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This Poor Mom Had To Spend 20 Hours Detangling Her Daughter’s Hair To Free It Of 150 Velcro-Toys

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This Poor Mom Had To Spend 20 Hours Detangling Her Daughter’s Hair To Free It Of 150 Velcro-Toys

I think it’s safe to say that during this strange time of quarantine, that we can definitely count parents among the heroes.

Stay at home orders and efforts to keep children at home, have caused parents to have to reevaluate their daily schedules. Now, so many parents are working double time to give their students the attention and education that they truly need.

A Pennsylvania mom recently highlighted the chaos of this new reality after showing what happened when she let her children play with toys after they’d finished their school work.

In a post shared on her Facebook Lisa Hoelzle shared a nightmarish experience of having to detangle her daughter Abigail’s hair after her son Noah dumped her into a hairy situation.

I post the good …. well here is some of the bad ☹️☹️☹️ Friday at 4pm until Saturday at 10pm was my worst Mom…

Publicado por Lisa Tschirlig Hoelzle en Domingo, 10 de enero de 2021

Hoelzle’s children are both 6 years old and like most kids in the United States right now, staying at home and doing virtual school. After finishing their school day, Noah and Abigail headed down to their basement to play with Bunchems, a toy that includes tiny Velcro-like balls that stick together.

It didn’t take long for sweet Noah, who Hoelzle describes in her post as a “jokester,” to dump a full container of the Bunchems on his sister’s head. Little did he know he’d just launched his sister into a mother’s “worst Mom nightmare.”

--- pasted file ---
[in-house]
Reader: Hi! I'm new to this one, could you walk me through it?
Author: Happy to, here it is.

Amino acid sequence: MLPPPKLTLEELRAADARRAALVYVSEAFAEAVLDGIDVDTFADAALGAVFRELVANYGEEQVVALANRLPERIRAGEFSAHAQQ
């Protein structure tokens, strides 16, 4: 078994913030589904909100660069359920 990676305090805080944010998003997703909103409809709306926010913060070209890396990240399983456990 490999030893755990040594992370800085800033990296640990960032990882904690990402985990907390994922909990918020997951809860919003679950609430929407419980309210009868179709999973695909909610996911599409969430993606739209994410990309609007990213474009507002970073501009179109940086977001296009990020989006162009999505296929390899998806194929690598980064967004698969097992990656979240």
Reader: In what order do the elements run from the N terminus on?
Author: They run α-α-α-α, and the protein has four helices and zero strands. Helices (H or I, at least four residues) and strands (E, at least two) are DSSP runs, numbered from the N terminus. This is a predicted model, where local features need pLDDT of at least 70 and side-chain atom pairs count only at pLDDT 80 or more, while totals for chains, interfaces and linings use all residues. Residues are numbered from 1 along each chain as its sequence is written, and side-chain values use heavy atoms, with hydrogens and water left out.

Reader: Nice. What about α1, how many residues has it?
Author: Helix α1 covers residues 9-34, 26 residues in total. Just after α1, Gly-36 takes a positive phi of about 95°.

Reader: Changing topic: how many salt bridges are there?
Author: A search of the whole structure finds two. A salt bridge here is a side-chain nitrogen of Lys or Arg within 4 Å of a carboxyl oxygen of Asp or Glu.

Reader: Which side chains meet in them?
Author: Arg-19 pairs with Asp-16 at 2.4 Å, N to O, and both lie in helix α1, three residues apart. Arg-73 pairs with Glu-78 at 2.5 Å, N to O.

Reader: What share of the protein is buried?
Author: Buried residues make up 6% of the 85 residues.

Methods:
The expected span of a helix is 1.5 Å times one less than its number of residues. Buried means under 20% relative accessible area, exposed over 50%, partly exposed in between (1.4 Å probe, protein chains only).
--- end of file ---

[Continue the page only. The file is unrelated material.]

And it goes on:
“I think I had an out-of-body experience,” Hoelzle wrote of the moment she saw her daughter’s hair. “She had about 150 of these things layered and matted in her hair. They made it worse trying to remove them themselves because they connect together kinda like Velcro.”

Bunchems hair
LISA TSCHIRLIG HOELZLE/ Facebook

Speaking about her initial plan of action Hoelzle, said that it took around three hours to remove fifteen of the Bunchems. When her husband, Dan, arrived home the two Google their next approach and only then realized “the severity of what we were up against. It suggested using conditioner and vegetable oil to loosen it but that made it worse and so messy. He got out about 10 more Before you knew, it was 1 am and Abigail could not keep her eyes open I slept with her head on me so they wouldn’t get more tangled. Not that I really could sleep.”

When it came to cutting her losses and, cutting her daughter’s hair Hoelzle said she just couldn’t do it. “If we cut them out because of how deep they were she would have winded up with a short pixie cut,” she explained. “It crushed my heart and I just couldn’t in my heart give up without trying my best to get them out. I am that Mom that has a bow to match each outfit! Haha”

The next day, Lisa went back to work, this time armed with mineral oil and a detangling comb.

“There was also a lot of tears (mine)” Hoelzle joked. “Abigail consoled me and Noah because he felt awful what he did. Abigail was surprisingly amazing about it !! She is usually the child that acts like you are killing her when I brush her hair! When she started to wine about it my Mom brought in a Lollipop and stuck it in her mouth! Lol. Hey, you got to do what you got to do! It was such a long day. I never watched so much kids U tube to entertain her but after 20 hours total after pulling and working them out of her head and lots of hair loss I got them all out. Followed by an hour or more in the bath tub with conditioner and combing out the knots.”

“I feel like we had a miracle with all of our prayers,” Hoelzl added. “We saved her hair and although it is thinner it wasn’t as damaged and ruined as I thought so Thank you God!!!” she wrote.

While Hoelzle says her fingers are “literally swollen” from the experience she is thankful to be done with the “awful situation.”

Bunchems hair
LISA TSCHIRLIG HOELZLE/ Facebook

She is now set on getting the word out about Bunchems and the severe consequences the toys can have.